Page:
43. The Commission considers it important to distinguish between the ability to obtain Internet content "on-demand" - the non-simultaneous characteristic of Internet services - and the ability of the end-user to "customize", or interact with, the content itself to suit his or her own needs and interests.

44. In the Commission's view, there is no explicit or implicit statutory requirement that broadcasting involve scheduled or simultaneous transmissions of programs. The Commission notes that the legislator could have, but did not, expressly exclude on-demand programs from the Act. As noted by one party, the mere ability of an end-user to select content on-demand does not by itself remove such content from the definition of broadcasting. The Commission considers that programs that are transmitted to members of the public on-demand are transmitted "for reception by the public".

45. The Commission considers, however, that some Internet services involve a high degree of "customizable" content. This allows end-users to have an individual one-on-one experience through the creation of their own uniquely tailored content. In the Commission's view, this content, created by the end-user, would not be transmitted for reception by the public. The Commission therefore considers that content that is "customizable" to a significant degree does not properly fall within the definition of "broadcasting" set out in the Broadcasting Act.

46. By contrast, the ability to select, for example, camera angles or background lighting would not by itself remove programs transmitted by means of the Internet from the definition of "broadcasting". The Commission notes that digital television can be expected to allow this more limited degree of customization. In these circumstances, where the experience of end-users with the program in question would be similar, if not the same, there is nonetheless a transmission of the program for reception by the public, and, therefore, such content would be "broadcasting". These types of programs would include, for example, those that consist of digital audio and video services.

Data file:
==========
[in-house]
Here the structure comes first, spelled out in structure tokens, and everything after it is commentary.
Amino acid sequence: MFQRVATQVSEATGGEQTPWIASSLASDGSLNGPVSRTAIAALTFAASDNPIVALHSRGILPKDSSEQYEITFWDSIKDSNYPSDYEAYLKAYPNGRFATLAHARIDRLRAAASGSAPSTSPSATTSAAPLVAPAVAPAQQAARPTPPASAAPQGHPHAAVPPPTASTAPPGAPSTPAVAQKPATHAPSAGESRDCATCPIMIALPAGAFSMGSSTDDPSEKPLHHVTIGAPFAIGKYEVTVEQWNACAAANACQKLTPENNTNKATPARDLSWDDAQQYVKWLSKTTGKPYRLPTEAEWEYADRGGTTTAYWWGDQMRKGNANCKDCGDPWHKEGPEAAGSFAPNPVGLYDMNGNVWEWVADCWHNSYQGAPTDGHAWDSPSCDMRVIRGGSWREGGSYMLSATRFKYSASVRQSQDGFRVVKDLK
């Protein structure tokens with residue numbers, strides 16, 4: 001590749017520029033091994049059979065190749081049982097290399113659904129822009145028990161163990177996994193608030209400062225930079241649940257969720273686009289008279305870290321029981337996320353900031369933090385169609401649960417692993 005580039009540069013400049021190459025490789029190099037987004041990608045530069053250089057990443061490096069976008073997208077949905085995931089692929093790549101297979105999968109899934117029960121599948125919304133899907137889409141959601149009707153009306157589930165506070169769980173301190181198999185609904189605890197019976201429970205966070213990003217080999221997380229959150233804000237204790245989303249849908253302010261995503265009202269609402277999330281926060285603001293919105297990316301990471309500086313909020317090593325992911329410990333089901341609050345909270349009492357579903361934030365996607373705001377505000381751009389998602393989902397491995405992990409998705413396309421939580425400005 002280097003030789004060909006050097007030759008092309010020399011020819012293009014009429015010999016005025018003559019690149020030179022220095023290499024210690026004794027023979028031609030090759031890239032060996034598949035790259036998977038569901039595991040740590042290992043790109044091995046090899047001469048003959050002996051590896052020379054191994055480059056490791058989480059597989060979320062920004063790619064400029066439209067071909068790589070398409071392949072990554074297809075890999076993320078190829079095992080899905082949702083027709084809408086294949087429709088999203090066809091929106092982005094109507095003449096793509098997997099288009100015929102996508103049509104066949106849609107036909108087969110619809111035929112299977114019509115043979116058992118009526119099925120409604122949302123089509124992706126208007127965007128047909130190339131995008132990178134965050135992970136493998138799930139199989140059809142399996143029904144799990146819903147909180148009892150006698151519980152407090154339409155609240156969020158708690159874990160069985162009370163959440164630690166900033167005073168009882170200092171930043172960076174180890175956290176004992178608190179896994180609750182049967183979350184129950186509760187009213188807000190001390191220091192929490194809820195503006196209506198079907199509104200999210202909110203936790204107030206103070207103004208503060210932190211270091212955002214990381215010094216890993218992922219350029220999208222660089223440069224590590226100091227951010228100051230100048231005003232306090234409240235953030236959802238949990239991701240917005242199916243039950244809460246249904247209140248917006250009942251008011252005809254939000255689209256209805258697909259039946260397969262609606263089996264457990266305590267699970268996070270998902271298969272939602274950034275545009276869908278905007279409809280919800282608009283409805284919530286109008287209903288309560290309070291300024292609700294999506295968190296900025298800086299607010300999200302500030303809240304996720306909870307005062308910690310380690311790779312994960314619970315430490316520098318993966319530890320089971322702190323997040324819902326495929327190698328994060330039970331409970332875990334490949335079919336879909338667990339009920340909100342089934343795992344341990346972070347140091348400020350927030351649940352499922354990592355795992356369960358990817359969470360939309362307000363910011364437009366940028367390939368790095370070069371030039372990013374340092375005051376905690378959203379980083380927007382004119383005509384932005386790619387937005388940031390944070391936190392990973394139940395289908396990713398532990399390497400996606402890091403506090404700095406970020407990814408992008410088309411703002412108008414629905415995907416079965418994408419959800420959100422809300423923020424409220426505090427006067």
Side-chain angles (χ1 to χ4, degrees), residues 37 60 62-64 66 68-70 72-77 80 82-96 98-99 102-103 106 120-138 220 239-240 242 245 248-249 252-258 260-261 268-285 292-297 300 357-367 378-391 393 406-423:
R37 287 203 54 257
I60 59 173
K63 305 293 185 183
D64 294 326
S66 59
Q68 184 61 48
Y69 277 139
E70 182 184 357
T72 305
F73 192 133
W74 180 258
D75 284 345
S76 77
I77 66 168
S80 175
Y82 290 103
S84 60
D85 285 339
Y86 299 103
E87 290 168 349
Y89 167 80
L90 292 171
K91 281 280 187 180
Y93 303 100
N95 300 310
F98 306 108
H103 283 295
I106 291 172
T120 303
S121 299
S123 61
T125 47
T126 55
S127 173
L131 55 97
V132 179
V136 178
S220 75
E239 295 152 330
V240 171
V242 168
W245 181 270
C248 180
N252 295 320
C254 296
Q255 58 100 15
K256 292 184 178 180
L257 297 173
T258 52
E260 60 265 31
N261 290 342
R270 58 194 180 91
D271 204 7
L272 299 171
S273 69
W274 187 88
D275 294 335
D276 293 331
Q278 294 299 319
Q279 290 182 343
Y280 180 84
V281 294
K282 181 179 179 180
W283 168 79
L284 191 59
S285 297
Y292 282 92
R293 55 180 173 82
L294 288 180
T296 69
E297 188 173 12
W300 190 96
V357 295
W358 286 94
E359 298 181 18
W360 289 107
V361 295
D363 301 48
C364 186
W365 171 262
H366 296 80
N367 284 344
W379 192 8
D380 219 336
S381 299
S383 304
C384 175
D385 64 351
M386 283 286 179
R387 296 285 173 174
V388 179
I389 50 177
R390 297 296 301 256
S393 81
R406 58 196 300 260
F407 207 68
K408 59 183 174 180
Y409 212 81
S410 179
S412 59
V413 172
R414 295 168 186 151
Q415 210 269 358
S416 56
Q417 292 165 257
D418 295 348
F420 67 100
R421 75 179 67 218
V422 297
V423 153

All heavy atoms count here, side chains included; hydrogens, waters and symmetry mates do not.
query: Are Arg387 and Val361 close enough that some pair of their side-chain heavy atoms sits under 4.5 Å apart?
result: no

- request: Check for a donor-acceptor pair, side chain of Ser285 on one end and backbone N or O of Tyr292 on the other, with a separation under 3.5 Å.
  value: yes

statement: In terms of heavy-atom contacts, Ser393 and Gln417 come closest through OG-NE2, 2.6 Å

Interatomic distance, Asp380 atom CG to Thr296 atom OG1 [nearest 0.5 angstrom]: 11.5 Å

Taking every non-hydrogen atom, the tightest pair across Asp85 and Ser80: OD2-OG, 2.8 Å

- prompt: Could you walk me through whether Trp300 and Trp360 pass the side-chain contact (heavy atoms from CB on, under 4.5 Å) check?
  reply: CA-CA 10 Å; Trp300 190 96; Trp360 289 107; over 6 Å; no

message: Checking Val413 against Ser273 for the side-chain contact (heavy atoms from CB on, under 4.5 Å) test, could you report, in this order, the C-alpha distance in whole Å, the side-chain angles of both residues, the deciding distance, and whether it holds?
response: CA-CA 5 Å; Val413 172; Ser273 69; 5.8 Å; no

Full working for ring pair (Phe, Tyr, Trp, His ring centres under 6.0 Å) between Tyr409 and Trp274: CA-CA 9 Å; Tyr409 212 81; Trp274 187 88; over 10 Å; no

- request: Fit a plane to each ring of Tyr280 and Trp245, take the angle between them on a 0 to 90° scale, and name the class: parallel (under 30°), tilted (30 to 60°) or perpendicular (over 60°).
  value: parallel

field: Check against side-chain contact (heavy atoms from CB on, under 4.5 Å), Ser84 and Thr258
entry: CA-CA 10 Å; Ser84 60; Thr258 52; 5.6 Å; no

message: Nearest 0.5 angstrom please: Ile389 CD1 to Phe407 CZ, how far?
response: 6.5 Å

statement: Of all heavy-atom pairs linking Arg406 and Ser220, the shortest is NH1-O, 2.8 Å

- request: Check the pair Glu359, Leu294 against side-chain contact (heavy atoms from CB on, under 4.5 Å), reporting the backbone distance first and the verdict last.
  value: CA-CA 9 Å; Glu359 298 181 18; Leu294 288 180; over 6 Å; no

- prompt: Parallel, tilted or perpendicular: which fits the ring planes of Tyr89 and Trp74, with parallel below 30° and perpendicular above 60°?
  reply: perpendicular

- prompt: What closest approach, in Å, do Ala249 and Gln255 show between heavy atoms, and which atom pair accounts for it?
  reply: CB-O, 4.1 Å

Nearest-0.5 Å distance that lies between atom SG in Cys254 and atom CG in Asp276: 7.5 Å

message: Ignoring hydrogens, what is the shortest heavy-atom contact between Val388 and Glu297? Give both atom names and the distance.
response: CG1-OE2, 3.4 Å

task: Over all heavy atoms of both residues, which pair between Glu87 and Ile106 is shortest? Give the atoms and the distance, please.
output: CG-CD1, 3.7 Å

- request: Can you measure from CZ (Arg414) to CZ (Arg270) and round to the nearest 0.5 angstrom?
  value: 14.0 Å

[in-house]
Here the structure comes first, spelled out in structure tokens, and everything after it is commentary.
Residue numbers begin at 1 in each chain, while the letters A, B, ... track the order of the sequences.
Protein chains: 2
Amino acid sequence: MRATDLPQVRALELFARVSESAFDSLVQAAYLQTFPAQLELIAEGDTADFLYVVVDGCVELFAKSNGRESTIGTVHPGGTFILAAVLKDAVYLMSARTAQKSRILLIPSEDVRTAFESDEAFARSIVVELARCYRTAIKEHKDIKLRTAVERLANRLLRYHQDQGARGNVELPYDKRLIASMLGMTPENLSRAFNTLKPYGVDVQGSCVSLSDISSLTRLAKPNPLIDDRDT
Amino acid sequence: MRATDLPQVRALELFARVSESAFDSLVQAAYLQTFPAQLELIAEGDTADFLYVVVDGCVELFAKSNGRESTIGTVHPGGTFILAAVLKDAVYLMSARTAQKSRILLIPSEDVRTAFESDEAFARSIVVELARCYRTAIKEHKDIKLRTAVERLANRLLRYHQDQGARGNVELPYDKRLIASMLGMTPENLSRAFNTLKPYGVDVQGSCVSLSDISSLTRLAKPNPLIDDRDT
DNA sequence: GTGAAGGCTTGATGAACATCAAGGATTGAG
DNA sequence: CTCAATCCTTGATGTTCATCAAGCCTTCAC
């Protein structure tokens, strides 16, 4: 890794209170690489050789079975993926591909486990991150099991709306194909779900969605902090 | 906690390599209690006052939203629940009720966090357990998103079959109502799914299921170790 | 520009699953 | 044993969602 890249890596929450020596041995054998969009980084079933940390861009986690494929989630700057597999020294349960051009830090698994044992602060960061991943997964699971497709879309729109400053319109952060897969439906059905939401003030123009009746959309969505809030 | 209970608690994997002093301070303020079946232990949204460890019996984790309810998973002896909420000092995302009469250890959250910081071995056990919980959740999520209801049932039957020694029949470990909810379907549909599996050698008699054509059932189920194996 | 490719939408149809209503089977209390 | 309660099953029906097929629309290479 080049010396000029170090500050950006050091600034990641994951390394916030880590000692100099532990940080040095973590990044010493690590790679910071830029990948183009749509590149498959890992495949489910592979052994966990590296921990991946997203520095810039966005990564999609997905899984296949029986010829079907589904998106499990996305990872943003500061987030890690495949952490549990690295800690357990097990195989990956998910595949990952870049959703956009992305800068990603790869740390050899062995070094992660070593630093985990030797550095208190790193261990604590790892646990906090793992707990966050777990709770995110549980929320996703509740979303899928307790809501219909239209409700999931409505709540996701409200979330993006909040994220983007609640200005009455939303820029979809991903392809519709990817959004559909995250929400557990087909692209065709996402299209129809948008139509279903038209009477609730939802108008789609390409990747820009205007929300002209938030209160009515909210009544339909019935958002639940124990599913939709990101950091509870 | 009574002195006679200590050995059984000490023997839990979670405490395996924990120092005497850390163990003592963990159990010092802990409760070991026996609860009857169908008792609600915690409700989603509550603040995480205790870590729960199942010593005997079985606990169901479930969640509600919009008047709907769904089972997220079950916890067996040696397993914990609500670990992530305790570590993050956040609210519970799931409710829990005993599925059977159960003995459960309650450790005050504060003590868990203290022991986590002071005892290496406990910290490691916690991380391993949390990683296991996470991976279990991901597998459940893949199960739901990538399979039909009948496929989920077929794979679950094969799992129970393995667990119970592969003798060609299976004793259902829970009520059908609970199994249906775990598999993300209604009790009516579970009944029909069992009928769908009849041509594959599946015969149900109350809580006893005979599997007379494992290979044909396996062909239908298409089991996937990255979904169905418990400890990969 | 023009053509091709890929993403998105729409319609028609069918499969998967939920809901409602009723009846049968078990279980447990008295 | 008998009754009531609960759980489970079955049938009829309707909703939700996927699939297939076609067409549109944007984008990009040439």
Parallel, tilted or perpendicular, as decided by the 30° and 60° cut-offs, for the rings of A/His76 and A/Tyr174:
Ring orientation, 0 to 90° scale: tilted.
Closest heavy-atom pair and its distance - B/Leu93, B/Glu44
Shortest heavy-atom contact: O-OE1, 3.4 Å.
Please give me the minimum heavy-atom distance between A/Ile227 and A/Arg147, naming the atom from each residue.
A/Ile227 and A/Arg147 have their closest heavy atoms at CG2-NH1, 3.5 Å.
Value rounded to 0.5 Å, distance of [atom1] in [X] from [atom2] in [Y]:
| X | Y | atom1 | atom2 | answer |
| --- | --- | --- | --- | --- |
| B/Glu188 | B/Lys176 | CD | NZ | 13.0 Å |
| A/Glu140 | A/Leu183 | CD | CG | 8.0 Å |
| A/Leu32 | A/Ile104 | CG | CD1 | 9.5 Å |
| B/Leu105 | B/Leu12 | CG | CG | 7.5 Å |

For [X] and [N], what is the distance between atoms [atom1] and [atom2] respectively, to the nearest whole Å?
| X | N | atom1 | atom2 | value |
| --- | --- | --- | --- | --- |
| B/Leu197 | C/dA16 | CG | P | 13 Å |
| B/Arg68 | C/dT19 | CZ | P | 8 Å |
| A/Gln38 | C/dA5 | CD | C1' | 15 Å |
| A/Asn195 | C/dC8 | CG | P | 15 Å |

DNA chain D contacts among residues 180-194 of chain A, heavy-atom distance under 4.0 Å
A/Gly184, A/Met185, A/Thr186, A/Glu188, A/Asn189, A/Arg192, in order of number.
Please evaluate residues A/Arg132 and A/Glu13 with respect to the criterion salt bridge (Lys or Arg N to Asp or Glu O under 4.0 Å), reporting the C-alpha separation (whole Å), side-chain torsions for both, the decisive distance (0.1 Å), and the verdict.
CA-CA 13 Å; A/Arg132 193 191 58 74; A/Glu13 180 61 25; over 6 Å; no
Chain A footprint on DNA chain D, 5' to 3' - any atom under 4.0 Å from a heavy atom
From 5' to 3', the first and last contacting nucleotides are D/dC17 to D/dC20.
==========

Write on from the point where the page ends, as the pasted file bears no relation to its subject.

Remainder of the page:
Proposal to exempt all new media broadcasting undertakings

47. Section 9(4) of the Broadcasting Act requires the Commission to exempt broadcasting undertakings from the licensing requirements in the Act if the Commission is satisfied that compliance by these undertakings with these requirements will not contribute in a material manner to the implementation of the broadcasting policy for Canada.

48. The record of this proceeding indicates that the Internet has given rise to new avenues and forms of expression and communication for Canadians, amongst themselves and others in both French and English. The proceeding also highlighted the often local and regional nature of many of the services. They provide valuable sources of information and other services to many Canadians that are otherwise unavailable. Moreover, the demand for Canadian information and other services has led to the development of search engines and aggregation sites that facilitate access to Canadian services.

49. Furthermore, the Commission considers that to impose licensing on new media would not contribute in any way to its development or to the benefits that it has brought to Canadian users, consumers and businesses.

50. In light of the foregoing, the Commission is satisfied that compliance with Part II of the Act, and any applicable regulations made thereunder, by persons carrying on new media broadcasting undertakings will not contribute in a material manner to the implementation of the policy objectives set out in section 3(1) of the Act.

51. Accordingly, the Commission will issue a proposed exemption order without terms or conditions in respect of all undertakings that are providing broadcasting services over the Internet, in whole or in part, in Canada.

52. In addition, in light of the Commission's view with respect to "customizable" content delivered by the Internet expressed above, it considers it appropriate to review in the near future its current exemption order with respect to video game programming undertakings.

Telecommunications issues

Competitors' access to carriers' facilities that are closest to the end user